Most voters have made their final decisions: 91% said they are unlikely to change their minds before they vote.
“The reality is, if you look across those items, you see that the issue is, again, the personal traits of the president and, to a lesser extent, the former vice president,” said Josh Blank, research director for the Texas Politics Project at UT-Austin. “Ultimately, it is all about Trump.”
While Trump is 5 percentage points ahead of Biden in the head-to-head matchup, he comes up a bit short of what might be expected of a Republican on a Texas ballot. In a generic congressional race pitting an unnamed Republican against an unnamed Democrat, the poll found the Republican had a 7-percentage-point advantage (51%-44%) among Texas voters. In a generic race for the state Legislature, a Republican would have an 8-percentage-point edge (51%-43%). And Republican John Cornyn, seeking reelection to the U.S. Senate, has an 8-percentage-point lead over Democrat MJ Hegar in this poll, outperforming the president by 3 percentage points with Texans.
“We’re not seeing the race open up in the way we’re used to,” Blank said. He said the independent voters in Texas who typically end up with Republicans — like they did in the Texas race for president four years ago, siding with Trump — are on Biden’s side this year.
“The president lost independents in Texas a little while ago, and he hasn’t gained them back,” Blank said. “That’s affecting Republicans up and down the ballot.”
The president’s job ratings from Texas voters have remained relatively constant over time. In the current poll, 49% of voters said they approve of the job he’s been doing as president, while 46% disapprove. A year ago, 47% approved and 48% disapproved. In October 2017, three years ago, 45% approved and 50% disapproved.
What looks like an even split disguises a deep partisan divide: 89% of Democrats disapprove of the president’s job performance, while 90% of Republicans approve. Independent voters disapprove by a 53%-31% margin.
When voters are asked about Trump’s handling of the economy, his approval now — 52% — hasn’t changed much since February, when it was 50%, but more voters disapprove now — 42% — than earlier this year, when 36% didn’t like the way he was handling the economy. Voter responses were tied to their allegiances: 82% of Democrats and 49% of independents disapprove of the president’s handling of the economy, while 91% of Republicans approve.
Asked about the president’s response to the pandemic, 45% of voters said they approve and 48% disapprove. And similar splits are evident in approval of the president’s handling of race relations: Overall, 43% approve and 48% disapprove. On both topics, as with Trump’s overall job rating and his rating on the economy, voters’ ratings matched their partisan leanings. On the pandemic, 83% of Republicans said the president is doing a good job, and 87% of Democrats said he’s not. On race relations, 78% of Republicans approve of the job Trump has done, while 87% of Democrats disapprove.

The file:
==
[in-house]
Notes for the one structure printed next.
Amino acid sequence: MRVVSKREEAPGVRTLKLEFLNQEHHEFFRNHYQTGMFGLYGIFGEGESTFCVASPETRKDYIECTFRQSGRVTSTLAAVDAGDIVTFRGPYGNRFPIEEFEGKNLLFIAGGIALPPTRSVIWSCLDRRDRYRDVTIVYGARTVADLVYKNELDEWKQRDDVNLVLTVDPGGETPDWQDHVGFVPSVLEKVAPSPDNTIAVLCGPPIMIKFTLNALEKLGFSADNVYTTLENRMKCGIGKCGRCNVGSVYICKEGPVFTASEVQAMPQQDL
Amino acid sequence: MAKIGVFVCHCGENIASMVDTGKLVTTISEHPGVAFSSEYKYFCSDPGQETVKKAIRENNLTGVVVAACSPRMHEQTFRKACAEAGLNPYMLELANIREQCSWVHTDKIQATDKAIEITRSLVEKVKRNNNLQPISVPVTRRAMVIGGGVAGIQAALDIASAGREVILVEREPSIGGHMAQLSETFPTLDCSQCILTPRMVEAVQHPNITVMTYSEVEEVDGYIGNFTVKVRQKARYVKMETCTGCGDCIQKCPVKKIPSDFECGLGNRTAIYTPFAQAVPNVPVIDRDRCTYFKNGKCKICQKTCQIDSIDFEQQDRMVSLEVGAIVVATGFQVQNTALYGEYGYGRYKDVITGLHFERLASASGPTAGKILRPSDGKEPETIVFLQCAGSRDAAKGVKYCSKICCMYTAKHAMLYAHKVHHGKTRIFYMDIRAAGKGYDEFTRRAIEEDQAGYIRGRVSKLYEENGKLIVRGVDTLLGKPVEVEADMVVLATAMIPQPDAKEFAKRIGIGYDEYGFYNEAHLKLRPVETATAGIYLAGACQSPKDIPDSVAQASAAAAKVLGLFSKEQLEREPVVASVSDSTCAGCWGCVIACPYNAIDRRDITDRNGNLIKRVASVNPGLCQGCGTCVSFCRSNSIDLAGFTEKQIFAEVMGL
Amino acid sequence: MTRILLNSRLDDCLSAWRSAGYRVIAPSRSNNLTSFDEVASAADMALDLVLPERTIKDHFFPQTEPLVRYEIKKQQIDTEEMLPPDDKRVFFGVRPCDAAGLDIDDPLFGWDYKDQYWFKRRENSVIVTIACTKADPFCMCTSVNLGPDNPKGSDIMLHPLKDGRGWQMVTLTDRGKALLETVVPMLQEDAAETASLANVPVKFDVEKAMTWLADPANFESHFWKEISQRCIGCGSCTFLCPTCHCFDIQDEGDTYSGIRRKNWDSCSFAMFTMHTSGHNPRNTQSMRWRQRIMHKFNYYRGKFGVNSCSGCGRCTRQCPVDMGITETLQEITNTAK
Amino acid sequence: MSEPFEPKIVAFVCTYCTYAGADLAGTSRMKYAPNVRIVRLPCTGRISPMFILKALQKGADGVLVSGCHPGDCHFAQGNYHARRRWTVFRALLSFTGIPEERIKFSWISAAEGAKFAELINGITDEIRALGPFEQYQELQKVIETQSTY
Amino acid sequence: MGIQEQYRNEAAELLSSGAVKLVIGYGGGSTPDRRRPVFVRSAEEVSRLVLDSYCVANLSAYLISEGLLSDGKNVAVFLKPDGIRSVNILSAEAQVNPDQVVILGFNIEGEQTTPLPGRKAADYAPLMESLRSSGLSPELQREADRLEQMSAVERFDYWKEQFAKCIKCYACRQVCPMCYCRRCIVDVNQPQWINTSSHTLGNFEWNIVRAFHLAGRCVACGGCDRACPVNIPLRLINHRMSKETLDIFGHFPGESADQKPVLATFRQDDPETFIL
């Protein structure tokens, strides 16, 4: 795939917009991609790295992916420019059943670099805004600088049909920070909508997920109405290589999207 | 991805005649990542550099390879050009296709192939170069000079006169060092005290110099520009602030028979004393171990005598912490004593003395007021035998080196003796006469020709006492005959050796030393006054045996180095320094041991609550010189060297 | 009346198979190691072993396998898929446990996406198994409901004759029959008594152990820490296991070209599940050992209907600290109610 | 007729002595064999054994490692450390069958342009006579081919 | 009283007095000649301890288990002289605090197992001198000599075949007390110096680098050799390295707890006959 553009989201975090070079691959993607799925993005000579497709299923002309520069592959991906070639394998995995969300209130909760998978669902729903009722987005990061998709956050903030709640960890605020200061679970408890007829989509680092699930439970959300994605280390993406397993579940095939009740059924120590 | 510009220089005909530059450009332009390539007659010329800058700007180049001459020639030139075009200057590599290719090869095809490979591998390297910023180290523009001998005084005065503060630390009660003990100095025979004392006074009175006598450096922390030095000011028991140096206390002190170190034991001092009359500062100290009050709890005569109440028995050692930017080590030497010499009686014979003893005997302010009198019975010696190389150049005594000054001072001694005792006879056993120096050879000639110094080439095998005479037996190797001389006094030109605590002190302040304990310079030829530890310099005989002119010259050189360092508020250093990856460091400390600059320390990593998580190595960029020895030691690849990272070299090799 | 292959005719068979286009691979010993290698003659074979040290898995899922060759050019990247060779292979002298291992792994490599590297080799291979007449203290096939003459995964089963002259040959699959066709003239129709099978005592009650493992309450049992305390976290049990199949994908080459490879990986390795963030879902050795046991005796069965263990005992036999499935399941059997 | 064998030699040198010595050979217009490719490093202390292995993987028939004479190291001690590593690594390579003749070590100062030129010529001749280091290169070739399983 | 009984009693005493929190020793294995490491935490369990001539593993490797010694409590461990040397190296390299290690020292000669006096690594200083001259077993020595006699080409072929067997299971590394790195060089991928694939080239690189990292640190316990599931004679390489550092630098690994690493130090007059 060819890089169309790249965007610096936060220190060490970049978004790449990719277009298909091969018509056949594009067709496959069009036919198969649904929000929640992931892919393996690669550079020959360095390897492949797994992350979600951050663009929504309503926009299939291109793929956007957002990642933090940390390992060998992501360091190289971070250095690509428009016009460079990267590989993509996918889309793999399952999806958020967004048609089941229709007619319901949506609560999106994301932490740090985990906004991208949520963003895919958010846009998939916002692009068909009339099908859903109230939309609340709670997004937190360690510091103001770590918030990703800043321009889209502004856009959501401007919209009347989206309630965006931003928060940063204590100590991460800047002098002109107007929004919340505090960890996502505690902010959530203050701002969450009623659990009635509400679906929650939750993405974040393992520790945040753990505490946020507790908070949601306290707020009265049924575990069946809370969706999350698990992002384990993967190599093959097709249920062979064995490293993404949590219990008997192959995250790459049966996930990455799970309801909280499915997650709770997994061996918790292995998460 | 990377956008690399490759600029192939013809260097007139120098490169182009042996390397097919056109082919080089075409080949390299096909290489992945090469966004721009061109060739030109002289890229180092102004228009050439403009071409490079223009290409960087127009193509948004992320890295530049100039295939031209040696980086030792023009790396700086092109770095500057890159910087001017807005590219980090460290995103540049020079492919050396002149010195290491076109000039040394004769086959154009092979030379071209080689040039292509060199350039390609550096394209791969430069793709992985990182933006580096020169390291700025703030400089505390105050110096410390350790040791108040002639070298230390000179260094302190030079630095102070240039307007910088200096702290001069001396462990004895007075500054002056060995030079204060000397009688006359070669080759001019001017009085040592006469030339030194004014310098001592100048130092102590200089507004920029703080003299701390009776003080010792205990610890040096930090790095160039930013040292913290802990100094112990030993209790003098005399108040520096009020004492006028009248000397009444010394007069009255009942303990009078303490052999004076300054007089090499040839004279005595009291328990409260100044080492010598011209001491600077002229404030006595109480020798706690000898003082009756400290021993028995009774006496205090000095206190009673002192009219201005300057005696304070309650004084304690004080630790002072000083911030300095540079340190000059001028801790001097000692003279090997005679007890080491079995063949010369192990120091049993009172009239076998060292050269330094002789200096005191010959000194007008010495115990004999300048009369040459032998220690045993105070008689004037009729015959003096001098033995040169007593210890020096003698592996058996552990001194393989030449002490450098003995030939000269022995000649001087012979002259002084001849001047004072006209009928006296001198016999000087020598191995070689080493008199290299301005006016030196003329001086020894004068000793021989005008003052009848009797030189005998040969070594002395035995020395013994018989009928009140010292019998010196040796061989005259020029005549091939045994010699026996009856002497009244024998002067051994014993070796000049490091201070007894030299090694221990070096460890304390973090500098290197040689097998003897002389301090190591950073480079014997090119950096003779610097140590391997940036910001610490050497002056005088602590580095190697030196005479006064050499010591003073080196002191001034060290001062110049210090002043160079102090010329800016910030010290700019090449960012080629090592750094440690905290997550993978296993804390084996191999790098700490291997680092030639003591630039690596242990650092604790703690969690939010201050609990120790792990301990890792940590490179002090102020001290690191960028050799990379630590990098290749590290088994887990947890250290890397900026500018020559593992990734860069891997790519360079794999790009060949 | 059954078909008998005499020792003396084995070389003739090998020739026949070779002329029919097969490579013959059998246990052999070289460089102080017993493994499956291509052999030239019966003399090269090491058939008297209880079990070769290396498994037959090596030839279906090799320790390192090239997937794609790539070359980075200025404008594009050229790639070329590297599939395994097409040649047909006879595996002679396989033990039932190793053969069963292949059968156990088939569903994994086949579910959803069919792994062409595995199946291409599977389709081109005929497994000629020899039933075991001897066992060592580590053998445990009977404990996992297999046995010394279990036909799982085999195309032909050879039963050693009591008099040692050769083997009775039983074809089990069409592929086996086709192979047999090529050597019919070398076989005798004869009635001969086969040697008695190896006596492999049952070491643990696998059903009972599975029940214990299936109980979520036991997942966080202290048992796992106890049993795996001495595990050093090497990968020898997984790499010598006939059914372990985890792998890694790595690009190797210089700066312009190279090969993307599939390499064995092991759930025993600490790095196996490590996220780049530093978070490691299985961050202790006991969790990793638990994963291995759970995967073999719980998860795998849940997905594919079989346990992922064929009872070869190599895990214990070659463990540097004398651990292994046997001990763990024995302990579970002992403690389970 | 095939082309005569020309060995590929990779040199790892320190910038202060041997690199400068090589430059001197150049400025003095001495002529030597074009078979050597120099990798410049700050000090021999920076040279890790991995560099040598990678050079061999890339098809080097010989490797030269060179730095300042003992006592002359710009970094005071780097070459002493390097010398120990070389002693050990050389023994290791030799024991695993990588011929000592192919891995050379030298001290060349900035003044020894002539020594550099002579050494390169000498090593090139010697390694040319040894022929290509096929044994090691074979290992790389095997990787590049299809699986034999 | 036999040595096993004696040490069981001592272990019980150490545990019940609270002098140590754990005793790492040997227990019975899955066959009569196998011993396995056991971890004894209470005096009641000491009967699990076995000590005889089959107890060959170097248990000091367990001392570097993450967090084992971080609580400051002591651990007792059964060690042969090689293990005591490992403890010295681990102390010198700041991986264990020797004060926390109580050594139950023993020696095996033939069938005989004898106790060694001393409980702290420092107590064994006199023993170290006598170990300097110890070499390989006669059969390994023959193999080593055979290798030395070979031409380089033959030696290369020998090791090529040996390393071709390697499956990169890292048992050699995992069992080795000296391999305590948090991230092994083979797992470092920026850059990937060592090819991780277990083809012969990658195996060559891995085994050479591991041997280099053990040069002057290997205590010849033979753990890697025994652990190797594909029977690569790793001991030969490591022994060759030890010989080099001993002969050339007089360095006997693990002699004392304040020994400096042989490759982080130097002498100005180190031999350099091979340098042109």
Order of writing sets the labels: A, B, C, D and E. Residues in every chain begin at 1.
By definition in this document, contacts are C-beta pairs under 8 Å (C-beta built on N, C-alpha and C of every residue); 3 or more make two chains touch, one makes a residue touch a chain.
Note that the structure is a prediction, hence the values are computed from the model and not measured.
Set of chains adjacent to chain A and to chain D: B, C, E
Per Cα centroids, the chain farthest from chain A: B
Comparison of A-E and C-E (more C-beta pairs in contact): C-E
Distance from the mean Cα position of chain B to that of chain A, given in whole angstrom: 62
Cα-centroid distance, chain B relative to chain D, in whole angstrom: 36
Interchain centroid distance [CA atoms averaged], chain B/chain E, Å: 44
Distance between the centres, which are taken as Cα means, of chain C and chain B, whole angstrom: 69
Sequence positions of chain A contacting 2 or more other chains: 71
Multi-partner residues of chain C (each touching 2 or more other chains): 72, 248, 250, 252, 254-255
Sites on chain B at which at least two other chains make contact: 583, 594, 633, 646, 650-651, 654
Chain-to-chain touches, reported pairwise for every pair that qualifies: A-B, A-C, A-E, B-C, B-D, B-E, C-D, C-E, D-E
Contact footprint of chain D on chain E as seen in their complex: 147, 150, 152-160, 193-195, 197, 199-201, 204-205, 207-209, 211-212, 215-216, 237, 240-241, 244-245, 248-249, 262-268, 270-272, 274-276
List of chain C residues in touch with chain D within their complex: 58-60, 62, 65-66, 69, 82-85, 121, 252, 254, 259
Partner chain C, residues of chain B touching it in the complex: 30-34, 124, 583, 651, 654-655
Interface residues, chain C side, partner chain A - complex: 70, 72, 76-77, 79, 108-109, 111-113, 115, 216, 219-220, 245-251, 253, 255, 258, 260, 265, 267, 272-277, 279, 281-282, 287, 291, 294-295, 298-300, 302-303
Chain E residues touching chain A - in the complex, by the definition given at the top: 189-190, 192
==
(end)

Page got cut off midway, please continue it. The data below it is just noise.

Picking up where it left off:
Voters’ general opinions of the president are split, with 46% saying they have a favorable opinion and 48% saying they have an unfavorable one. That’s an improvement over early polls. Four years ago, in the October before he was elected president, 31% of Texans had a favorable opinion of Trump and 58% had an unfavorable opinion. And while 85% of Republicans registered a favorable opinion of the president in the current poll, the same percentage of Democrats have an unfavorable opinion.
Biden’s numbers in the new poll are less positive than Trump’s: 41% of voters have a favorable impression of the Democrat, while 51% said they have an unfavorable opinion. In February, Biden’s ratings were 33% positive and 53% negative. The partisan split is here, too: 80% of Democrats have a positive impression of their nominee, while 87% of Republicans have a negative one.
The University of Texas/Texas Tribune internet survey of 1,200 registered voters was conducted from Sept. 25 to Oct. 4 and has an overall margin of error of +/- 2.83 percentage points. The margin of error for results from 908 likely voters is +/- 3.25 percentage points. Numbers in charts might not add up to 100% because of rounding.
Disclosure: The University of Texas at Austin has been a financial supporter of The Texas Tribune, a nonprofit, nonpartisan news organization that is funded in part by donations from members, foundations and corporate sponsors. Financial supporters play no role in the Tribune's journalism. Find a complete list of them here.